Academic journal article Harvard Journal of Law & Public Policy

Methodology, Proportionality, Equality: Which Moral Question Does the Eighth Amendment Pose?

Academic journal article Harvard Journal of Law & Public Policy

Methodology, Proportionality, Equality: Which Moral Question Does the Eighth Amendment Pose?

Article excerpt

The words of the Eighth Amendment have a history much longer than the life of the Amendment itself. When the First Congress chose to include those words in the United States Constitution's Bill of Rights, the assembled legislators were appropriating an artifact of their English heritage. At that moment, the language was celebrating its centenary, having first been drafted and adopted by the English Parliament in the Bill of Rights of 1689. (1)

Parliament enacted the 1689 Bill of Rights to articulate limitations on what future monarchs could do. A century later, Congress included the Eighth Amendment's historic language among limitations on what the new American nation's government could do. Many of the Revolutionary American states had already employed the words to limit their own governments, starting with Virginia in 1776. (2) Those states had, in the wake of independence, created bills of rights that recited the historic prohibition of excessive bail, excessive fines, and cruel and unusual punishments. (3) But the deliberations on whether to include that prohibition, both in the national Bill of Rights and in those of the states, were rather perfunctory. This suggests that in adopting the language, the American Founders were reflexively claiming part of their English heritage, part of what they had fought for, part of what they alleged had been denied them by a monarch and an unrepresentative Parliament in the pre-Revolutionary period. That conclusion invites an inference that the American Founders meant the Amendment's language to fulfill the function that it had historically fulfilled for the English. (4)

The strategy of adopting seriatim lists to allege political wrongdoing and to assert political entitlements is embedded in the English political tradition, going back to Magna Carta. (5) The very use of the phrase "bills of rights" in popular parlance to describe the new documents that the Revolutionary American states adopted was an allusion to the English Bill of Rights. Likewise, the American Declaration of Independence imitated the seriatim listing of wrongs that opened the English Declaration of Rights, as the English Bill of Rights had been called prior to its passage through Parliament in 1689.

The English Declaration recited wrongs committed by government under the just-ousted King James II. Among those wrongs, complained the authors of the English Declaration, were "excessive Bail," "excessive Fines," and "illegal and cruel punishments." (6) Corresponding to the recited wrongs, the declarants listed rights that future monarchs would have to respect. Among these was the assertion "[t]hat excessive Bail ought not to be required, nor excessive Fines imposed; nor cruel and unusual Punishments inflicted." (7)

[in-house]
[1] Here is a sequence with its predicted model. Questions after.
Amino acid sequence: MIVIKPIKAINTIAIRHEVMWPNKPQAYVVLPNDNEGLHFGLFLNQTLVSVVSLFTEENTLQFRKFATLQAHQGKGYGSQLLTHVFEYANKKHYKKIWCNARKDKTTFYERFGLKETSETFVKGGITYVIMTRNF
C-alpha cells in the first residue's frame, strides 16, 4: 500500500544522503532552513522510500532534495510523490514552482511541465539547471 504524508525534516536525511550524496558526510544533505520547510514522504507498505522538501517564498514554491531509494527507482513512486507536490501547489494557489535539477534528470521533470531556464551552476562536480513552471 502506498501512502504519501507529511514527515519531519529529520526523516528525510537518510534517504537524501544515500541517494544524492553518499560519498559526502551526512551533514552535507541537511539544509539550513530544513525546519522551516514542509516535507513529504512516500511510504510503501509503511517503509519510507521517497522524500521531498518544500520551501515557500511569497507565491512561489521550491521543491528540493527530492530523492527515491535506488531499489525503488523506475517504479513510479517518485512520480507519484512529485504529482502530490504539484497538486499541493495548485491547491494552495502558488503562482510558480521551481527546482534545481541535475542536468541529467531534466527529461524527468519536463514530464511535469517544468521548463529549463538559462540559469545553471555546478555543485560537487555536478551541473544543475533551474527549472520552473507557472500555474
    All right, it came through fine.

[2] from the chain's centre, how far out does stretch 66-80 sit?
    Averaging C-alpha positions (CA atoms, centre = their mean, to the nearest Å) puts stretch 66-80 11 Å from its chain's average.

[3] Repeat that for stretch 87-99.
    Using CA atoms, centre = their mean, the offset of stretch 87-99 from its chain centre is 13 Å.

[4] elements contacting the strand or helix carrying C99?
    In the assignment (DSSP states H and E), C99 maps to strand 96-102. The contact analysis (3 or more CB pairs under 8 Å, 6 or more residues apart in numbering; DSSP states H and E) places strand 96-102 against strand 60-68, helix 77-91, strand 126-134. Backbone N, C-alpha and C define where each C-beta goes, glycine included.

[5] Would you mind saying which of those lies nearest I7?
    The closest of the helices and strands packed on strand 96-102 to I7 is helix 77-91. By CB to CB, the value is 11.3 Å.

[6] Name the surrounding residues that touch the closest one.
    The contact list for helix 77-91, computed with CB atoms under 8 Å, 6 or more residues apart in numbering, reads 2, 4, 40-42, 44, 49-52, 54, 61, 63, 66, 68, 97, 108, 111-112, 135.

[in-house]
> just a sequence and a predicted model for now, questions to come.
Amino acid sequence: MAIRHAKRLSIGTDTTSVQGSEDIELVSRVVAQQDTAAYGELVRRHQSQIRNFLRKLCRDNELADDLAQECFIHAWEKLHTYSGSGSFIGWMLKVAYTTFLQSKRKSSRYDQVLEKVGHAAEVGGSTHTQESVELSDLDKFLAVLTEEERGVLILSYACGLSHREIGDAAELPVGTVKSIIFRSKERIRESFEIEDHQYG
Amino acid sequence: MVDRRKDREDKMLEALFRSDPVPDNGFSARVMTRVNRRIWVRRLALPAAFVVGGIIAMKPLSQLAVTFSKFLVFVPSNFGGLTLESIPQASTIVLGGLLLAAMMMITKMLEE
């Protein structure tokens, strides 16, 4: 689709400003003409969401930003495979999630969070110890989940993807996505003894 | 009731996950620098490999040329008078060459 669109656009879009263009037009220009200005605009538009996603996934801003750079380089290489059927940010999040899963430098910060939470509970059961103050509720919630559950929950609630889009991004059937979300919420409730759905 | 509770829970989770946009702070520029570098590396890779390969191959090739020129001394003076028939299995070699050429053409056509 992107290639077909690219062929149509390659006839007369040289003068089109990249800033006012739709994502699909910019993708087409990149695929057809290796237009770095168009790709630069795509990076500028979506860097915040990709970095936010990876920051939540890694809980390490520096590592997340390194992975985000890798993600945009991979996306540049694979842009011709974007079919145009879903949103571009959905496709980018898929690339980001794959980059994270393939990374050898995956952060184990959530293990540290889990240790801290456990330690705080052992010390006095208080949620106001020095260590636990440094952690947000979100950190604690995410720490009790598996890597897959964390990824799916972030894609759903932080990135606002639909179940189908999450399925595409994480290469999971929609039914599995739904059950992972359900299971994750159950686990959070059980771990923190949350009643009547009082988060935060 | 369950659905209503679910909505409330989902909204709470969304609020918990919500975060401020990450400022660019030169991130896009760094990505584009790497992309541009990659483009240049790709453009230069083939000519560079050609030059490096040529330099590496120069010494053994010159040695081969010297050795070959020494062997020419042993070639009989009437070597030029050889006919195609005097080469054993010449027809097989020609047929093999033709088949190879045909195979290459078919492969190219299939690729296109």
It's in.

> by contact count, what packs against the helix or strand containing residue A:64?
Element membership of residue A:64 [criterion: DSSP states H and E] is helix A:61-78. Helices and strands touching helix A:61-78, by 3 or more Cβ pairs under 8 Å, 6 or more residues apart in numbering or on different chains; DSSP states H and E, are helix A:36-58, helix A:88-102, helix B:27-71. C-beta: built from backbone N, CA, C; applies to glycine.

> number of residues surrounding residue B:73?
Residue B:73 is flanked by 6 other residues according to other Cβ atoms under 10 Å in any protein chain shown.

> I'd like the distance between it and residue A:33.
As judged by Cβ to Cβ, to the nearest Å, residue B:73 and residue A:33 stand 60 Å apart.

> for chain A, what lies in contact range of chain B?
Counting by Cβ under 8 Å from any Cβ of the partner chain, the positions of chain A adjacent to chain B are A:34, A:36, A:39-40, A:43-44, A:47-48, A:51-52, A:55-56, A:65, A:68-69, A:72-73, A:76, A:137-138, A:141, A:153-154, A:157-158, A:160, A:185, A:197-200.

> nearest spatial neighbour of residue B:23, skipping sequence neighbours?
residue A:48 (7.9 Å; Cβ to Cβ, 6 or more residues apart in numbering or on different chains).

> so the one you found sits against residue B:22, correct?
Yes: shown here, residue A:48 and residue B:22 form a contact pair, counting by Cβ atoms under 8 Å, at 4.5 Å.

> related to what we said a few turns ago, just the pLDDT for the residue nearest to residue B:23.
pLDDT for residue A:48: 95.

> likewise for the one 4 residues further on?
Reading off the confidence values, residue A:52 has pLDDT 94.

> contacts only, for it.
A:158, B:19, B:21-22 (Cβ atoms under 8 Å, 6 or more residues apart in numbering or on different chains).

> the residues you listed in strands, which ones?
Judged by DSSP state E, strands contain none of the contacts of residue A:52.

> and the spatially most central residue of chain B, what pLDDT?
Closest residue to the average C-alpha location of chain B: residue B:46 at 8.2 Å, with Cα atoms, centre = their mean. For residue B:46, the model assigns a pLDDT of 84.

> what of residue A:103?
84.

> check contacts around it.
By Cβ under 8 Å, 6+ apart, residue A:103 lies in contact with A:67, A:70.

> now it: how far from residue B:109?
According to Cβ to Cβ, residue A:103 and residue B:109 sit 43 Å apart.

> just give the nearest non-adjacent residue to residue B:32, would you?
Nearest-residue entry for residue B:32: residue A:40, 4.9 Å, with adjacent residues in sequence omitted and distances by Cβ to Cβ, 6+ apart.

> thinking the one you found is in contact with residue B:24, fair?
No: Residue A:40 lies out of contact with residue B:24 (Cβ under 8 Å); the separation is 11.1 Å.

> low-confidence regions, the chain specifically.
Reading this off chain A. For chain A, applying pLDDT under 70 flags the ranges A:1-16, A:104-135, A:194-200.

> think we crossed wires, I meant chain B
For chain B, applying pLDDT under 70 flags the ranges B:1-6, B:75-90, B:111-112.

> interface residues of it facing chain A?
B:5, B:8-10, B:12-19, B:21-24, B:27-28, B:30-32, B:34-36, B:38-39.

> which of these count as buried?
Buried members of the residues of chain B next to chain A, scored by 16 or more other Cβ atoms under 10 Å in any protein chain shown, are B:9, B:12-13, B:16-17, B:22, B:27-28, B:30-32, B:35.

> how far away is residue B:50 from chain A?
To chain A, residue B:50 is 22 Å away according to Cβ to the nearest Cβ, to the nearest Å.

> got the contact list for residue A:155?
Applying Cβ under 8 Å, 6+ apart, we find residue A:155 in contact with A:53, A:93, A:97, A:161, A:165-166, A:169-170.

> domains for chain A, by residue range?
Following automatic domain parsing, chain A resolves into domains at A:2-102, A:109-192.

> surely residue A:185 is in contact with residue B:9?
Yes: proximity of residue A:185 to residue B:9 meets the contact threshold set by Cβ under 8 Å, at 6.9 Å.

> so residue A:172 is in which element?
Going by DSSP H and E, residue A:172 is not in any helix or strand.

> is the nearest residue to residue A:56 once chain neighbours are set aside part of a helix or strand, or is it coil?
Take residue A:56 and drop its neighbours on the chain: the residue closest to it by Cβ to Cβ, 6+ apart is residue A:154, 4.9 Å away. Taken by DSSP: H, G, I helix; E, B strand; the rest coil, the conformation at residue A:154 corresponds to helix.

Thomas Jefferson seized on the English Declaration's format when drafting the Declaration of Independence. His list of wrongs substituted George for James, reminding the English that they, too, had rebelled against an oppressive monarch who had not accorded them the historic rights of Englishmen. This strategy for alleging wrongs and for asserting entitlements continued as the newly-independent states adopted "bills of rights." It was manifested again in the First Congress's choice to mirror the English format and to propose such a list of entitlements for inclusion in the national Constitution.

The Eighth Amendment's history invites inquiry as to what its language of excessive bail, excessive fines, and cruel and unusual punishments meant to the English. That language had been conceived in reaction to ways in which courts in the 1680s, especially during the reign of James II, had treated the King's political and religious enemies. The words were meant to establish an objective inquiry. They did not purport to authorize a clash of subjective impressions. Excessiveness was prohibited only in respect of bail and fines, not in respect of punishments generally, because excessiveness in bail and fines could be measured objectively. …

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